Tag: immigration

Her Right Foot by Dave Eggers

Her Right Foot by Dave Eggers

Her Right Foot by Dave Eggers (9781452162812)

This book on the Statue of Liberty could not be more timely for our world today. The book first looks at the French origins of the statue made to celebrate the centennial of the United States. From small renderings to large pieces of the full-sized statue, Bartholdi, the artist shipped the statue to New York City in 214 crates. Statue assembly in New York took 17 months. The copper statue was originally copper brown, but aged to the green lady we know today. The book then focuses on the statue’s right foot, a foot that is moving rather than standing still. This symbol of our nation welcoming refugees and immigrants from around the world is stepping forward, just as we must to welcome new people to our shores.

This book is a lovely cross between a picture book and a nonfiction read. Shaped as a book that is shorter and thicker than most picture books, it offers illustrations on all of the pages. The text length is welcoming for younger readers and will also work as a read aloud.

The book moves from being a factual read about the statue itself and how it was built and came to America. It transforms into a call for our nation to live up to that symbol, to step forward as well. It becomes something more than the facts, more than the details. It brings the statue and our values to life.

Rumbles of awards surround this title. It deserves all of them. Unique and fabulous. Appropriate for ages 5-9. (Review copy provided by Chronicle Books.)

Why Am I Here? by Constance Ørbeck-Nilssen

why-am-i-here-by-constance-orbeck-nilssen

Why Am I Here? by Constance Ørbeck-Nilssen, illustrated by Akin Duzakin (InfoSoup)

A child wonders aloud why they are here in this specific place and in this life. They could instead be in a crowded place with lots of other people. They could be in a place torn by war. They could be a refugee, searching for safety. The land could be desert or snow and ice or rivers with trees. Does anyone else wonder about why they are where they are? Will this child ever leave this place and adventure to the spots they have dreamed of? Are they right where they are supposed to be, after all?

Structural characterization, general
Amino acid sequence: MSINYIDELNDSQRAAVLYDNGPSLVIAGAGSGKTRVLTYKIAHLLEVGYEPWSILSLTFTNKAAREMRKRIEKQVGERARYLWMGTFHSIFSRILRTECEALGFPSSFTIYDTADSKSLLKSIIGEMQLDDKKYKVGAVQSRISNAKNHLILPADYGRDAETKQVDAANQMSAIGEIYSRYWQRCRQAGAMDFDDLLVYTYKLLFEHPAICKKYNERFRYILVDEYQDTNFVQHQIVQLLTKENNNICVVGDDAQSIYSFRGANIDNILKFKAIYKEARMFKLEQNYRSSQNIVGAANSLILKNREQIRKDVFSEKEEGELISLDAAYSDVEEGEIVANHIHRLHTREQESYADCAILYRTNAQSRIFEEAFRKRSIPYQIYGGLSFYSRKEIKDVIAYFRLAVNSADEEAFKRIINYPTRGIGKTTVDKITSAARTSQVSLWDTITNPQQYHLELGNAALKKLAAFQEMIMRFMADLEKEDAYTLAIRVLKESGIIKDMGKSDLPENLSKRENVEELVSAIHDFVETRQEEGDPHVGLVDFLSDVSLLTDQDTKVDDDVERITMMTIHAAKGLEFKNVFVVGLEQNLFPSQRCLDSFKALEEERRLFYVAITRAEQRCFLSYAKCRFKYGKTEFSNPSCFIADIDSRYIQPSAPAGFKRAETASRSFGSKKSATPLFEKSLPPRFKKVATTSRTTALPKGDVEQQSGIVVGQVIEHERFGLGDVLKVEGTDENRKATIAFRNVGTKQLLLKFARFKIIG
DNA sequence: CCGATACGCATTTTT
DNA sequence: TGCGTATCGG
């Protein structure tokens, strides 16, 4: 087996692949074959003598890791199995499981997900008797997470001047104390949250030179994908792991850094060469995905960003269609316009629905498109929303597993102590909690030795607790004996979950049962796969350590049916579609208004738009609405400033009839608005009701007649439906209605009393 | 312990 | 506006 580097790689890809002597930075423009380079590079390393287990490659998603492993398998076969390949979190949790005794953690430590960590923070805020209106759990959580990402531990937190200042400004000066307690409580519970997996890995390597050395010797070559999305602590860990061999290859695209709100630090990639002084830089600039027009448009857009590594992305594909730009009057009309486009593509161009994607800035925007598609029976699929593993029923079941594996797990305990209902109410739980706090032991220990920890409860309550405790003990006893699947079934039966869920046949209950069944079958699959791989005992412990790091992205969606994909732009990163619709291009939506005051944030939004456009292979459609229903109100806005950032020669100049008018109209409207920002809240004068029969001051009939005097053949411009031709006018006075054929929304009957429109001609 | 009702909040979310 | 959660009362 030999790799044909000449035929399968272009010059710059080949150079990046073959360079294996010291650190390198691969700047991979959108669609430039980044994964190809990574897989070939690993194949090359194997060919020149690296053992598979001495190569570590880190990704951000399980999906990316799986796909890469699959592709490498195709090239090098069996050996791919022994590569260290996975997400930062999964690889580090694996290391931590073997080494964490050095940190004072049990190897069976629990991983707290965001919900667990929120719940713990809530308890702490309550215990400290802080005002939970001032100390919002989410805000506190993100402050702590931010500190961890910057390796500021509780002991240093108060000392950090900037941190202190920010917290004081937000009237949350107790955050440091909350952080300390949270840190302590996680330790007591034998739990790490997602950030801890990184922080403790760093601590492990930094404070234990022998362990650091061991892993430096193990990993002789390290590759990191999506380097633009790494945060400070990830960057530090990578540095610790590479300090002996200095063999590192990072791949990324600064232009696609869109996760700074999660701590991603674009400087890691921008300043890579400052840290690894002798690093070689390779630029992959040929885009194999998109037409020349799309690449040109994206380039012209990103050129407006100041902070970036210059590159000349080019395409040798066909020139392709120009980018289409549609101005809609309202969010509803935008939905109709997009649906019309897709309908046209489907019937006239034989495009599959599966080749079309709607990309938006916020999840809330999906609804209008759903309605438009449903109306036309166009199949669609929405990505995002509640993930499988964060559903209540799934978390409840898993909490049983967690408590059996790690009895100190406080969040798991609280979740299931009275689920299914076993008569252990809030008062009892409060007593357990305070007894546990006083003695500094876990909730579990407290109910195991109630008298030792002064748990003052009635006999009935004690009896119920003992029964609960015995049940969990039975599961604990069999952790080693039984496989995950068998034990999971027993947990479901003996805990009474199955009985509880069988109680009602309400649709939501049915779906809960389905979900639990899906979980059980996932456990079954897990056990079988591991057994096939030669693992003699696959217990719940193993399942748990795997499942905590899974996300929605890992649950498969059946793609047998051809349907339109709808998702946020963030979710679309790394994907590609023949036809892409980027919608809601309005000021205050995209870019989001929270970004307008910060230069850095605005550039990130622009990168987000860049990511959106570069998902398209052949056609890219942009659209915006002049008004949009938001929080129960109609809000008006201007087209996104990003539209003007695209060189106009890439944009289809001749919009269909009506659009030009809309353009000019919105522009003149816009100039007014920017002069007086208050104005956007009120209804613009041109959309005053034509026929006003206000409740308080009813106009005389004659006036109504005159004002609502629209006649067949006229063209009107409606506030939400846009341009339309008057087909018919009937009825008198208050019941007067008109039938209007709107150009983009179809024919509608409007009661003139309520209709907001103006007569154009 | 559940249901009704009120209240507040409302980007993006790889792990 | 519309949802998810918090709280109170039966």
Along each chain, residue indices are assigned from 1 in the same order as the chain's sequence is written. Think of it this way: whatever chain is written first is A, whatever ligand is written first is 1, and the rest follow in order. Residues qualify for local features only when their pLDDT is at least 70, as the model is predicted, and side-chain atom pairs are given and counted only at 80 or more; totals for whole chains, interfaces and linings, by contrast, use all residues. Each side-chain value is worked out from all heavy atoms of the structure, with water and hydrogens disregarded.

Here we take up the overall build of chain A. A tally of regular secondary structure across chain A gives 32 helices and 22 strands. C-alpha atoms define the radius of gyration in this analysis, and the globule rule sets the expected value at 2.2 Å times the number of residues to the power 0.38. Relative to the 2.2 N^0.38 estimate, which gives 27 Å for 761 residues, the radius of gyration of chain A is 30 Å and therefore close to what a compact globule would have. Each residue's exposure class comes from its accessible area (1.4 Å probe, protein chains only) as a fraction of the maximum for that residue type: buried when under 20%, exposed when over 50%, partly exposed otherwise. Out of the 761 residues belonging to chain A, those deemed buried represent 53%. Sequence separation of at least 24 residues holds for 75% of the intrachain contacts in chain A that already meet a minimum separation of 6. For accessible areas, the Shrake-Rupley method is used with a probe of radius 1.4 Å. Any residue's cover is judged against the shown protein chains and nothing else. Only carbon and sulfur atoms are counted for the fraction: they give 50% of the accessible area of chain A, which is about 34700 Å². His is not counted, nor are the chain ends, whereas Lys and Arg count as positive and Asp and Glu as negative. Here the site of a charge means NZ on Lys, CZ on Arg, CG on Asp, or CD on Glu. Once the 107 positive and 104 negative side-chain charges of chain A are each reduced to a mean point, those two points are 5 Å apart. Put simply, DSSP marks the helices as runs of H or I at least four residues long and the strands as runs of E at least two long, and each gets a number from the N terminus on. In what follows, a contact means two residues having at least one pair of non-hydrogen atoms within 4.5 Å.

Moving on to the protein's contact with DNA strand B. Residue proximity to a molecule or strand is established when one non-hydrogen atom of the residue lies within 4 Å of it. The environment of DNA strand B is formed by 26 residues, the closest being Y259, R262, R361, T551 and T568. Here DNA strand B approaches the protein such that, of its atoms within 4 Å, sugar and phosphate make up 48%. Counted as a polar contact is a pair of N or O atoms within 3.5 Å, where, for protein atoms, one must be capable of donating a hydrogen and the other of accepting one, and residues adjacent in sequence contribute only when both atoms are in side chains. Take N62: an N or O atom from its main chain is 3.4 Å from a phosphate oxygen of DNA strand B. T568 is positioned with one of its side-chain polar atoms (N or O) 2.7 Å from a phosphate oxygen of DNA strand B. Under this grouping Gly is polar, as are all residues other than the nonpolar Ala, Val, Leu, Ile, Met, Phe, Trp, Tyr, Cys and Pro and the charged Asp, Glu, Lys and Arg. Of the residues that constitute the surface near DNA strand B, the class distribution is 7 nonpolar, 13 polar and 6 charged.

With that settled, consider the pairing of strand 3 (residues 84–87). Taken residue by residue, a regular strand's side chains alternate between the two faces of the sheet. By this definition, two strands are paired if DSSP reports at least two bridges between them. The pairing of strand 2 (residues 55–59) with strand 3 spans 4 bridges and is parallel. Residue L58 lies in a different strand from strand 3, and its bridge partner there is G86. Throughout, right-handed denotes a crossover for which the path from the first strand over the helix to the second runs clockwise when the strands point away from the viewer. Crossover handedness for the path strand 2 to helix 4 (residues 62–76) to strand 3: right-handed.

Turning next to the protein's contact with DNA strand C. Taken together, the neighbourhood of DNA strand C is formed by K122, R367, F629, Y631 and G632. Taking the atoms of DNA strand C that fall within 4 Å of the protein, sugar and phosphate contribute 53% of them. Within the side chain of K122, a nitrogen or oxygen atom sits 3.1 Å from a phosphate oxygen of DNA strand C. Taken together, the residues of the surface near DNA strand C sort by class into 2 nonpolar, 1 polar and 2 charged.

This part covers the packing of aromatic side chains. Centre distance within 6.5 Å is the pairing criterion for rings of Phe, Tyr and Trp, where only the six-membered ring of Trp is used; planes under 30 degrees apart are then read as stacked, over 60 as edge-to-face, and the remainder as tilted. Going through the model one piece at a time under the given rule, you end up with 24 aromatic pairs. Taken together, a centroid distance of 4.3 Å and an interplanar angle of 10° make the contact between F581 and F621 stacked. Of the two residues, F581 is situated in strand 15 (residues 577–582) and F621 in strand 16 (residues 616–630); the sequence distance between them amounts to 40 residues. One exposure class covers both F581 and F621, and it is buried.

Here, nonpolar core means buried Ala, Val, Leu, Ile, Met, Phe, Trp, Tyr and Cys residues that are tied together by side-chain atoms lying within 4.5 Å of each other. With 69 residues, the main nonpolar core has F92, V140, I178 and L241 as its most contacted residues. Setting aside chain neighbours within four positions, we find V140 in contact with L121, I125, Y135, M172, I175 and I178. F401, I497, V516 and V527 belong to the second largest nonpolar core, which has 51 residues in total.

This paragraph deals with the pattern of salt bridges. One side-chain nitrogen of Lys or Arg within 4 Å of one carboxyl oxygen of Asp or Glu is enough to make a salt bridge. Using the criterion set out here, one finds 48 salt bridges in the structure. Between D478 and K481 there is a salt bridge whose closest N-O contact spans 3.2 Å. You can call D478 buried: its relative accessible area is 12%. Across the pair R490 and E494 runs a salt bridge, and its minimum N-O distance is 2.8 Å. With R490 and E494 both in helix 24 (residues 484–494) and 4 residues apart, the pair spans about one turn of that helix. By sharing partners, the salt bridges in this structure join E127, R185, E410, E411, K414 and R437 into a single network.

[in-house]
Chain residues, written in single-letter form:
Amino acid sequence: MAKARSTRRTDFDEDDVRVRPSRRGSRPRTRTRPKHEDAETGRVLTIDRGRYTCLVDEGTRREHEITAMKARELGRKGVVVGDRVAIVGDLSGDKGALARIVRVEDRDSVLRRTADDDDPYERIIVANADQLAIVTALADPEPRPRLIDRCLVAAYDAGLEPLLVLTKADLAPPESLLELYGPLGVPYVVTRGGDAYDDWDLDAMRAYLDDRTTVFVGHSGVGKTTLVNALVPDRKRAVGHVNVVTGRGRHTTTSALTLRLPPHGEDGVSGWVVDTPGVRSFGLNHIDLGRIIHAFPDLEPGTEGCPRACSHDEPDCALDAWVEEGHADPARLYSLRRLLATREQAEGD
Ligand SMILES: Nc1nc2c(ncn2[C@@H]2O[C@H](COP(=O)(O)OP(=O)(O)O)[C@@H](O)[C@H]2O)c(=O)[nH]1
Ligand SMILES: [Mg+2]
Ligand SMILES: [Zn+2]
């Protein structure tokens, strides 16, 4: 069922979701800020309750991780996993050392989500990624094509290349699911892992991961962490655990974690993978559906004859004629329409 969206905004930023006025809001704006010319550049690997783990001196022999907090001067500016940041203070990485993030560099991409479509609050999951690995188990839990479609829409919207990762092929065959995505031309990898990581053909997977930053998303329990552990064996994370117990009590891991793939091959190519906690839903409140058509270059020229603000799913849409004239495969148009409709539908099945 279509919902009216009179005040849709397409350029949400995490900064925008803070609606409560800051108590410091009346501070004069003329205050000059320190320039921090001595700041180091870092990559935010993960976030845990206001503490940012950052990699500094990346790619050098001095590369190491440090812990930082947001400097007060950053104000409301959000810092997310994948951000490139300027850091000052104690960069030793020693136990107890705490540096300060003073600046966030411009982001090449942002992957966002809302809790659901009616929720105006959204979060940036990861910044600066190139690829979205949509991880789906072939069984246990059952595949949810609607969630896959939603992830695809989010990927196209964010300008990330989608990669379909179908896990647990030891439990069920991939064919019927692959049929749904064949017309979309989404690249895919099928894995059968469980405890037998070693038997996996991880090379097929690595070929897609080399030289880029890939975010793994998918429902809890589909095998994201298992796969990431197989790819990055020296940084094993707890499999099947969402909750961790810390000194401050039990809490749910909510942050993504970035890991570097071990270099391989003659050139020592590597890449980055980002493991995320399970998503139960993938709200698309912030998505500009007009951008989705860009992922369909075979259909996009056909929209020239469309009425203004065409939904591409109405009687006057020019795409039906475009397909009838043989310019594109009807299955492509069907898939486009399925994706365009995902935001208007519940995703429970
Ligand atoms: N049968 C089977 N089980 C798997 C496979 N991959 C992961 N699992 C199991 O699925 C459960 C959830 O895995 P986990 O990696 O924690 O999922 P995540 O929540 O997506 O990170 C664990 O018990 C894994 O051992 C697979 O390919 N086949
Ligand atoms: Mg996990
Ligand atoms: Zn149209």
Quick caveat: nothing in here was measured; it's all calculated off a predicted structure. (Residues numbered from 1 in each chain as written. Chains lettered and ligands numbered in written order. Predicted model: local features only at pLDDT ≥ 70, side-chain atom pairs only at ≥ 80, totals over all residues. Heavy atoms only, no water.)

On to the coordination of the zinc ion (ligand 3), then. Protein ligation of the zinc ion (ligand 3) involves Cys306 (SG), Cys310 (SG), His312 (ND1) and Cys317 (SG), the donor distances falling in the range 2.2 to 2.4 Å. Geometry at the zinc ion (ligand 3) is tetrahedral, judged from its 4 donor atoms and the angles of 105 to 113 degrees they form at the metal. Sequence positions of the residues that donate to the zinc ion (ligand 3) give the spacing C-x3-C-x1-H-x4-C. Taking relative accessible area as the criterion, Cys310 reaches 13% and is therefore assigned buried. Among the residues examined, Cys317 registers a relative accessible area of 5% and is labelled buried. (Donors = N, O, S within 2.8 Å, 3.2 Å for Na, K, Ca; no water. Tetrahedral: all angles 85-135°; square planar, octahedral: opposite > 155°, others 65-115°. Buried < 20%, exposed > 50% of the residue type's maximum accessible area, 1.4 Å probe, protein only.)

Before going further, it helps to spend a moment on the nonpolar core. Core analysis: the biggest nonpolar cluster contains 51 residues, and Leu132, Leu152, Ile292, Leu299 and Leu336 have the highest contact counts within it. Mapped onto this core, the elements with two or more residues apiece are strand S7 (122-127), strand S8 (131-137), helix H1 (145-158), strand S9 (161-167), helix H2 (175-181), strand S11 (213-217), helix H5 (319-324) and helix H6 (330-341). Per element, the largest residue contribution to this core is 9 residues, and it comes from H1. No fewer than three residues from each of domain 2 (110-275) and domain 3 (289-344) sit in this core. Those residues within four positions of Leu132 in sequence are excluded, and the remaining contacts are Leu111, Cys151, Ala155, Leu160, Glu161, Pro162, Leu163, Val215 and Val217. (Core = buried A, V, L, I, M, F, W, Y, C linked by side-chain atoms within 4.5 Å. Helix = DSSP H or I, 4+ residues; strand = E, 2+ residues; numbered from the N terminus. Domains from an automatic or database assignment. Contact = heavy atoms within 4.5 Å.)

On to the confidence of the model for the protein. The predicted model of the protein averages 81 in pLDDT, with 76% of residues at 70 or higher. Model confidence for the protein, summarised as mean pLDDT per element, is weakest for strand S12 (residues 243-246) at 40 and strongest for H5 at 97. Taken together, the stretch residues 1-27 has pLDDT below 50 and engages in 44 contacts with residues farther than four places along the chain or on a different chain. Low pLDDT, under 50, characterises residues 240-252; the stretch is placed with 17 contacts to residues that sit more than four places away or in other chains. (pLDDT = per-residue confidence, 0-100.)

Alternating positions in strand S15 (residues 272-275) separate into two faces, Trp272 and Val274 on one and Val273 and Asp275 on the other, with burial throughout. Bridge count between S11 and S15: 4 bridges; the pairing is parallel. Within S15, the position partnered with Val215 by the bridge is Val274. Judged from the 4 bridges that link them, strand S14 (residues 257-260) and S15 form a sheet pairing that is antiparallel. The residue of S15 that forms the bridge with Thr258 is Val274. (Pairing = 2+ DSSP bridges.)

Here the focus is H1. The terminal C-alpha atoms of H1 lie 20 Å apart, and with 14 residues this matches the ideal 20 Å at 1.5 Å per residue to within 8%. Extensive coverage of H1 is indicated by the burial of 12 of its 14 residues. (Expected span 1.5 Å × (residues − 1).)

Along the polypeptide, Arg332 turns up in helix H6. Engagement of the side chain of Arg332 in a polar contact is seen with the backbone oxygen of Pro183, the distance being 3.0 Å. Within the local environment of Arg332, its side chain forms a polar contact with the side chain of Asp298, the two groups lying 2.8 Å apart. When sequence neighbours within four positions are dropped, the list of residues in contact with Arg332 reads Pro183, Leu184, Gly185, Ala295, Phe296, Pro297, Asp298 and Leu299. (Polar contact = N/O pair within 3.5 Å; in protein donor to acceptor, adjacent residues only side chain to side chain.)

This is a very thoughtful and thought-provoking book that demonstrates empathy throughout. It’s a book that explores the “why” of our circumstances, looking at other places and how different a life could be just by being moved somewhere else with a different situation and a different family. The book takes the time to stay in that ambiguity and wonder about it, before releasing readers in the final pages into an understanding that we simply are where we are.

The illustrations by Duzakin have a quiet thoughtfulness about them. The main character who speaks in first person can be interpreted to be either gender adding another layer to the ambiguity of the book. The illustrations capture dreamlike settings of war, desert, ice or greenery that allow readers to wonder along with the story.

A quiet and contemplative picture book that will create opportunities for conversation. Appropriate for ages 4-6.

Reviewed from copy received from Eerdmans Books for Young Readers.

 

10 Great Books on Immigration & Immigrants

Immigration is huge in the news right now with the Syrian refugees, Mexican immigration to the United States, and the promises of the incoming administration. As libraries and librarians, we serve our entire community wherever they hail from. Here are some wonderful books to celebrate the power and importance of immigration for our nation and the world:

The Arrival insideoutbackagain

The Arrival by Shaun Tan

Inside Out and Back Again by Thanhha Lai

The Land of Forgotten Girls Mamas Nightingale by Edwidge Danticat

The Land of Forgotten Girls by Erin Entrada Kelly

Mama’s Nightingale: A Story of Immigration and Separation by Edwidge Danticat, illustrated by Leslie Staub